Laboratory tests confirm deadly rabbit disease in Canada

There is an ongoing outbreak of rabbit hemorrhagic disease in British Columbia.

Starting in March, dead rabbits were discovered in Nanaimo and surrounding areas on Vancouver Island and the Delta region of the Lower Mainland.

This deadly disease is caused by a tiny virus known as a calicivirus. It is very infectious and can spread rapidly through rabbit populations, causing death in most infected individuals.

While the outbreak in rabbits may have minimal effects on trade and agriculture, the fact it has arrived in Canada is concerning. Our country excludes imports from some countries to protect against a number of important diseases. It isn’t known exactly where the virus came from, although other countries including the United States have reported the presence of this disease in rabbits.

The outbreak appears to be limited to European/domestic rabbits that run feral in many B.C. areas. Pet rabbits are also susceptible. The risk to native wild rabbits and hares like jackrabbits appears to be low because there are no known cases in these related species. Humans cannot contract the disease. Other animals including dogs, cats and birds are also not susceptible.

Scientists characterized the first known outbreak of rabbit hemorrhagic disease in China in 1984, which killed an estimated 140 million rabbits. From there, the virus spread to South Korea and Europe, where it remains endemic. Outbreaks have occurred in Mexico. In 2011, a case was reported in a pet rabbit from Manitoba. Despite a rigorous investigation, the source of the Manitoba case is unknown.

In Australia and New Zealand, where feral rabbits are a major agricultural pest, the virus was purposely introduced to control populations.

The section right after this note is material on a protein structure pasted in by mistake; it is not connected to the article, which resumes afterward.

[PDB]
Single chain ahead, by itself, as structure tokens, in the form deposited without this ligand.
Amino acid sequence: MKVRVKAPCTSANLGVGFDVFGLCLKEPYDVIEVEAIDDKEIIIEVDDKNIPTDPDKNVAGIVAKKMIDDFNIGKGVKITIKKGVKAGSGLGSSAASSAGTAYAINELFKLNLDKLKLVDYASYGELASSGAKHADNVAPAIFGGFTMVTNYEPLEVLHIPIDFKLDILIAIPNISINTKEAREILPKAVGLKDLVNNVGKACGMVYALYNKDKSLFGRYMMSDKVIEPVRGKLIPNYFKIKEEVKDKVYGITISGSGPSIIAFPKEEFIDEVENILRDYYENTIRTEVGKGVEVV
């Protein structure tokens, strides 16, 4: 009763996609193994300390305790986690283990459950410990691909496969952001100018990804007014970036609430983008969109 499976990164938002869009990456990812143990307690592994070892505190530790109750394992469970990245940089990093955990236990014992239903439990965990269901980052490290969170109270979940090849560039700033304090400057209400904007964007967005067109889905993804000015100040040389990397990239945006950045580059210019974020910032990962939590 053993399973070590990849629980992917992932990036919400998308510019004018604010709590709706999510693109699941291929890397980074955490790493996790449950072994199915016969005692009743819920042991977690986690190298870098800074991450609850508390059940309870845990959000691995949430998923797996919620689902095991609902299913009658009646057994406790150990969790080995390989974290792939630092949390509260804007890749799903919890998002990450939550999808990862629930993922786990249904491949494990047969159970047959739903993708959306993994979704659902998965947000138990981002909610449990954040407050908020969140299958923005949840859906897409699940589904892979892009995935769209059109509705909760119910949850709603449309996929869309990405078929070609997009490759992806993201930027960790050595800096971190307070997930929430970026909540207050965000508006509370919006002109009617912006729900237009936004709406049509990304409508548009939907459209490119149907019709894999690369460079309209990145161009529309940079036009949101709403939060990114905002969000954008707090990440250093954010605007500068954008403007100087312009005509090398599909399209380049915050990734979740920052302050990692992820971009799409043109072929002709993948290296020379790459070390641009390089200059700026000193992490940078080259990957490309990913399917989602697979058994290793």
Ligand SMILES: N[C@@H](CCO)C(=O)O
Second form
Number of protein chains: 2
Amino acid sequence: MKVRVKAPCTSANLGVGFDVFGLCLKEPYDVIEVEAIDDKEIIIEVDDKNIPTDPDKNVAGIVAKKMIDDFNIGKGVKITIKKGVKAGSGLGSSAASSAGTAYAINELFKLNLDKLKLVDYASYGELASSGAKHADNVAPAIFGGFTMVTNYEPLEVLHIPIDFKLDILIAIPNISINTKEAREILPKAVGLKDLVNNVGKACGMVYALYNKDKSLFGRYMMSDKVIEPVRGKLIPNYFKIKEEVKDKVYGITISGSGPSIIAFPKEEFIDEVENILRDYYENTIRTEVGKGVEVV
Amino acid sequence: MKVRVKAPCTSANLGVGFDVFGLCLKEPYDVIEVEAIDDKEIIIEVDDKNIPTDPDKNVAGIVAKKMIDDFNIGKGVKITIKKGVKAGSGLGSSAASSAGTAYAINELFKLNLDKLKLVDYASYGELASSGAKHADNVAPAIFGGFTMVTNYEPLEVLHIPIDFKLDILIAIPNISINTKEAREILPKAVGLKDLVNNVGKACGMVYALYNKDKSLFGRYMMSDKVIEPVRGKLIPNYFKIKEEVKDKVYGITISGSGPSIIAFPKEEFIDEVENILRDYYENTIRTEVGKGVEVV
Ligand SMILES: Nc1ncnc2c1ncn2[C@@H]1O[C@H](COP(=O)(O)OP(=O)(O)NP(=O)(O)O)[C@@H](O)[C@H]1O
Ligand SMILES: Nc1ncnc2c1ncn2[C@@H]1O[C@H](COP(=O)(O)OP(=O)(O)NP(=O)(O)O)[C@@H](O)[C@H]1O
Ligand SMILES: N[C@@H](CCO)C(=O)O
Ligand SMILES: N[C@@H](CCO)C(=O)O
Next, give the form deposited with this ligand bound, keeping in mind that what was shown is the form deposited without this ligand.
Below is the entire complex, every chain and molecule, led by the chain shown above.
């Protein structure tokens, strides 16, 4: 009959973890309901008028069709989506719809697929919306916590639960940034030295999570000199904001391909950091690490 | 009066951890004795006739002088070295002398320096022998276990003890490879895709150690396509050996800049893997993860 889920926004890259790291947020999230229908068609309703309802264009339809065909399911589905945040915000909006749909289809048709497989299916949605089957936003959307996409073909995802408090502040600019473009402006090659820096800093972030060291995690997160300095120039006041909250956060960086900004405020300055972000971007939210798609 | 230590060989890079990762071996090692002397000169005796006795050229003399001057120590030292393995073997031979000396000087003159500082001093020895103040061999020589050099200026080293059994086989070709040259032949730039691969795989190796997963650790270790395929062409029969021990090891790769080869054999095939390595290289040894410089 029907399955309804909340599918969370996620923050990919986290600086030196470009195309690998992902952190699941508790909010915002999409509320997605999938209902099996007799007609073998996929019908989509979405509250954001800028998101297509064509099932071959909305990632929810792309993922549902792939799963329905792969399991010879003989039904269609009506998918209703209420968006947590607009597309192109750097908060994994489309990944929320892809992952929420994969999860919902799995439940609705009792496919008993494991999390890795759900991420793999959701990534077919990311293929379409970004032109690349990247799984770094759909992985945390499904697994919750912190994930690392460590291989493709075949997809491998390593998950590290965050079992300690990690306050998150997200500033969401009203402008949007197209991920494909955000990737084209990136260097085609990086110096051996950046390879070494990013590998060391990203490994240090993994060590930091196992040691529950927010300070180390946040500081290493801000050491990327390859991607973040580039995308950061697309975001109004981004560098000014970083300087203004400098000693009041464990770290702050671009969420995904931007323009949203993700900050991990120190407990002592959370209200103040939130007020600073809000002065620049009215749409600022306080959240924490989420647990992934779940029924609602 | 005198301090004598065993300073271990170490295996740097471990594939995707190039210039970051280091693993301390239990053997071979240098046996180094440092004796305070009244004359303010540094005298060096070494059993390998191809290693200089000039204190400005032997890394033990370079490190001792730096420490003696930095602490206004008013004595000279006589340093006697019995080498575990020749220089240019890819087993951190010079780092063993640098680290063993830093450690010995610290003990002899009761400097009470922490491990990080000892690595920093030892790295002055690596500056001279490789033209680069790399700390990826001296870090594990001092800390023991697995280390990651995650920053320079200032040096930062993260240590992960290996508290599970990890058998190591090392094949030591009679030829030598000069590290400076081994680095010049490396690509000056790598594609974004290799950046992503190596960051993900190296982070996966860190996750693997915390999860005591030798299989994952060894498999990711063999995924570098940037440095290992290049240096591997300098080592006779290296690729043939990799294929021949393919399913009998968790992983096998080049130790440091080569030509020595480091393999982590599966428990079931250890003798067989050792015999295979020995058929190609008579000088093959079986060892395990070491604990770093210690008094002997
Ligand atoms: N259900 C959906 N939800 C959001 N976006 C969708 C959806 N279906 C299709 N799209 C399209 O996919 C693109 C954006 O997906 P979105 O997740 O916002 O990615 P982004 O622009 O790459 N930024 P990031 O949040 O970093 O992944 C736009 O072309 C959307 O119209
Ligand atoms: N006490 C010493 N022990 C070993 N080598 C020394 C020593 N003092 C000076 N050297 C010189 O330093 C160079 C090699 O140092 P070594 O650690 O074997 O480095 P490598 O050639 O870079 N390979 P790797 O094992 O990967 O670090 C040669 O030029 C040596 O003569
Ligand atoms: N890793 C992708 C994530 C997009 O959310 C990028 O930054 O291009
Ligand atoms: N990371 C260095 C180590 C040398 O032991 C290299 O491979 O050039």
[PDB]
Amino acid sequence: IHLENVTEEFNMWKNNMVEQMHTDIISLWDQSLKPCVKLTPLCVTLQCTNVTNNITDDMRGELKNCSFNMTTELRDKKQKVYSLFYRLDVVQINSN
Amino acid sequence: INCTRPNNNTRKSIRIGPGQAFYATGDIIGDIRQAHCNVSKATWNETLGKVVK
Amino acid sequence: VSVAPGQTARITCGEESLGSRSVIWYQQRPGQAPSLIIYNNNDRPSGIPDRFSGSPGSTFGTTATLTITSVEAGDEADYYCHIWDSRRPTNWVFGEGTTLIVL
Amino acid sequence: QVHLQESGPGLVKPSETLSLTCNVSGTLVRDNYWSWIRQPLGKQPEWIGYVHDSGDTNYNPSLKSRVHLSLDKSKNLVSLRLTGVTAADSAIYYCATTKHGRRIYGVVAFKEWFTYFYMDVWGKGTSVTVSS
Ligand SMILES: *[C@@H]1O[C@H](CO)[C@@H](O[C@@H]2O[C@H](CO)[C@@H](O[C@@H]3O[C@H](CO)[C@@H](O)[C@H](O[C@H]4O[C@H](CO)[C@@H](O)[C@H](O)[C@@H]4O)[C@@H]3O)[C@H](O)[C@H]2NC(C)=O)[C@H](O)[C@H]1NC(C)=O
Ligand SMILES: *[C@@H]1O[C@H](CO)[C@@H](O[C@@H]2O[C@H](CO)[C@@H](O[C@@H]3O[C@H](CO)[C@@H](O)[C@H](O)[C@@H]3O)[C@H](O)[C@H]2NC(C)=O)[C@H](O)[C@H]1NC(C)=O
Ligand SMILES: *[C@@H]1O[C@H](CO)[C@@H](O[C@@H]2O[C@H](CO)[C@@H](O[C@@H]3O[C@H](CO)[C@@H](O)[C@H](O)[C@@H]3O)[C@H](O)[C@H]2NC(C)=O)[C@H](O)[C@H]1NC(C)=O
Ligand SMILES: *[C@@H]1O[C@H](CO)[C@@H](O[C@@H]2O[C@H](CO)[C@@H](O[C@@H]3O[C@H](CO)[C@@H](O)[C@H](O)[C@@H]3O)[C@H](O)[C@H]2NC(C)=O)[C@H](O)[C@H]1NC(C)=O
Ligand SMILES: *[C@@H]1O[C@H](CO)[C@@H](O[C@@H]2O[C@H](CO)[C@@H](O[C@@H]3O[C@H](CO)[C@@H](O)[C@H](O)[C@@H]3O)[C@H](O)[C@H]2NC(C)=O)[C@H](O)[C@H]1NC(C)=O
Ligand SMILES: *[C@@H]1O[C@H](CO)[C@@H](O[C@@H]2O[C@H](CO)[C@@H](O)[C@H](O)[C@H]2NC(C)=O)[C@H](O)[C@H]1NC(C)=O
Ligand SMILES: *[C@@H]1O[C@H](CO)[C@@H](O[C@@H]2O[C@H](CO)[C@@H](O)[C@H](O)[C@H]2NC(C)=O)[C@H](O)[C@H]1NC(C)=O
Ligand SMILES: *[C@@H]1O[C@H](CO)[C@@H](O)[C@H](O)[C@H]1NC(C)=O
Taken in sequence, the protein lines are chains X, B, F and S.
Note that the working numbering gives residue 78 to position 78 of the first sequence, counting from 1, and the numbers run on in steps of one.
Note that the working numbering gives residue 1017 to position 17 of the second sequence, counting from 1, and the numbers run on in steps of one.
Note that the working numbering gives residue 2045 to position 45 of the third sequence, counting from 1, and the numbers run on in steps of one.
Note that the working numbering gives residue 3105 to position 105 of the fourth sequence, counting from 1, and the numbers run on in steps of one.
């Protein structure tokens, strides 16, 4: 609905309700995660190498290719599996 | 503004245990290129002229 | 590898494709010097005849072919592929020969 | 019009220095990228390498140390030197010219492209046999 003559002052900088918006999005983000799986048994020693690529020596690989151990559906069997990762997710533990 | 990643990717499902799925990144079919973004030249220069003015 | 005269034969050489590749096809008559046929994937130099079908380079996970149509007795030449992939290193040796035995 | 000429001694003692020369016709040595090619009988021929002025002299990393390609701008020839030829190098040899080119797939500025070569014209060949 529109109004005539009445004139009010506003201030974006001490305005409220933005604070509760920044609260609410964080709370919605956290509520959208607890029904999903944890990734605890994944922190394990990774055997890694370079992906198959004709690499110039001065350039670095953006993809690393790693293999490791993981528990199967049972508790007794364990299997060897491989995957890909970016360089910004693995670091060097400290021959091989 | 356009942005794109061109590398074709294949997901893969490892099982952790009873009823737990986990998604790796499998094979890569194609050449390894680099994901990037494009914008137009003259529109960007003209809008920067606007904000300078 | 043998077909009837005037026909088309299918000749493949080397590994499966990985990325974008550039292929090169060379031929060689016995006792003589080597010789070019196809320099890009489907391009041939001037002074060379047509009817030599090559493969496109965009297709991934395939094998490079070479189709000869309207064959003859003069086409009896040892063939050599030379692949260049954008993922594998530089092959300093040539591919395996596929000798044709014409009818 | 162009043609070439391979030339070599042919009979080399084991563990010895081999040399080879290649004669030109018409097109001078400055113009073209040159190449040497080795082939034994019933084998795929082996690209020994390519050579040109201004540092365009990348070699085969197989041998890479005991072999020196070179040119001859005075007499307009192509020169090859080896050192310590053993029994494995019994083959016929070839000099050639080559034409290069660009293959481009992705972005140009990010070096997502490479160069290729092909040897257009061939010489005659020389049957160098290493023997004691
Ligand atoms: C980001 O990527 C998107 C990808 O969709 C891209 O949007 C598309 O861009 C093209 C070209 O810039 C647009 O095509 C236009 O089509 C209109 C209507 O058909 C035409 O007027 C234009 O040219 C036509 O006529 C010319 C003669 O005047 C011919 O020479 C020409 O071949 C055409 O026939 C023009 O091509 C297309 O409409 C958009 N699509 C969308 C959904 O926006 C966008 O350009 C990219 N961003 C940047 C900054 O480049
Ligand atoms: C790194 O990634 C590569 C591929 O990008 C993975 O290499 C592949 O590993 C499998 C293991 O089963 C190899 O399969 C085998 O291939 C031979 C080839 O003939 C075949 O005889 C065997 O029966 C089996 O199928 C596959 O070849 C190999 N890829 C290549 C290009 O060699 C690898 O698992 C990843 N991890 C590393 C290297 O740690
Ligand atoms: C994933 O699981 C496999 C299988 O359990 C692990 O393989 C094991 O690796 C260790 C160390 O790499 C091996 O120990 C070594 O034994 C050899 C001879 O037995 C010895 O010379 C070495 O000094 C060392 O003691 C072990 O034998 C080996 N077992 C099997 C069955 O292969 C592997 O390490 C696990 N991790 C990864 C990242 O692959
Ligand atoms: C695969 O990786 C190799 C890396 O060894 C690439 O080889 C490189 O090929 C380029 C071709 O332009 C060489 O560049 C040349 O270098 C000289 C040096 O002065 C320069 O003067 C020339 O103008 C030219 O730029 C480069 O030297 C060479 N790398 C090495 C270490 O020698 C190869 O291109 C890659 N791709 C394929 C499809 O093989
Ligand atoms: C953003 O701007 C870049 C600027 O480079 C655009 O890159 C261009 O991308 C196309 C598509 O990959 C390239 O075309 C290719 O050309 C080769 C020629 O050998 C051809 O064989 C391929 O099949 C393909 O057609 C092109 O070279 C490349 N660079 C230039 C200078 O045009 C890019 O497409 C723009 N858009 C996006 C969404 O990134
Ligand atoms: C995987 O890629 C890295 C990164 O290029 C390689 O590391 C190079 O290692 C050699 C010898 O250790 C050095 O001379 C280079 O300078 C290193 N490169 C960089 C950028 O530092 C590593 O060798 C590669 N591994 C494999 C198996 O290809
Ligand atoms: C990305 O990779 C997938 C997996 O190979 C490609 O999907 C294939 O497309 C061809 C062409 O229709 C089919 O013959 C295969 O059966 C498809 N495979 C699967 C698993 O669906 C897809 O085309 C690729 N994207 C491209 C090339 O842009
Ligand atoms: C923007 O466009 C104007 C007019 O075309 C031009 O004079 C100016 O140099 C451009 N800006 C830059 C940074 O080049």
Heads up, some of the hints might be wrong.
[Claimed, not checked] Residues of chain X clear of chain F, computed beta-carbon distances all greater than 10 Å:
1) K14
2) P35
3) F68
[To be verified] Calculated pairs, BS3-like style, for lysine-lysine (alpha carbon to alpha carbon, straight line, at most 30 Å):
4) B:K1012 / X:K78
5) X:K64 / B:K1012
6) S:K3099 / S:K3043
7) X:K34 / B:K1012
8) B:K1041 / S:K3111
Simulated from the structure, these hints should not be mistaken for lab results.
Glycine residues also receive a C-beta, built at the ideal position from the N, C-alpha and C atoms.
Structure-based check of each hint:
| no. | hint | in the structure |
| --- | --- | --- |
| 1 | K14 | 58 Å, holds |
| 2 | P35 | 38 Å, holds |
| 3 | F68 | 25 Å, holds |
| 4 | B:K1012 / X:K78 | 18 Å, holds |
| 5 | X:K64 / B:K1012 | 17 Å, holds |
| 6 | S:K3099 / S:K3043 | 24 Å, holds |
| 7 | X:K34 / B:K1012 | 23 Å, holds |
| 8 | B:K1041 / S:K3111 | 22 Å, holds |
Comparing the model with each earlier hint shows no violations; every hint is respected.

It appears the outbreaks are occurring in countries that have a large number of feral European rabbits. The large number of feral rabbits in B.C. fits with this characteristic.

Rabbit hemorrhagic disease often manifests as sudden death. If observed early in the course of the disease, infected rabbits may have fever, lack of appetite, mental dullness and difficulty breathing. There is often hemorrhaging from the nose. The virus attacks blood vessels causing bleeding in a number of tissues. It also targets the liver, leading to death of infected liver cells. This can result in liver failure and jaundice.

Rabbits show signs of illness and die within two to four days after infection. Infected rabbits shed the virus in their feces and other secretions. Rabbits become infected by direct contact with infected rabbits or through contaminated materials such as bedding, clothing, water and equipment. Blood feeding insects can also transmit the virus. The virus is extremely hardy and can survive for months in dead rabbit carcasses.

There is no specific treatment for the disease beyond supportive care. Rabbitries and pet owners can limit their risk by practising good biosecurity. This includes limiting visitors with recent contact with rabbits, hygiene, disinfection and monitoring. Rabbits should be housed indoors or in double-fenced areas to avoid contact with feral rabbits.

B.C. has imported vaccines to deal with the outbreak. Pet owners and those who raise rabbits for meat or fur will have access to the vaccine through their veterinarians.

Wild rabbits will likely continue to be affected because it is impractical to vaccinate wild populations and the stress involved in capturing the wild animals may actually cause them to be more susceptible to disease.

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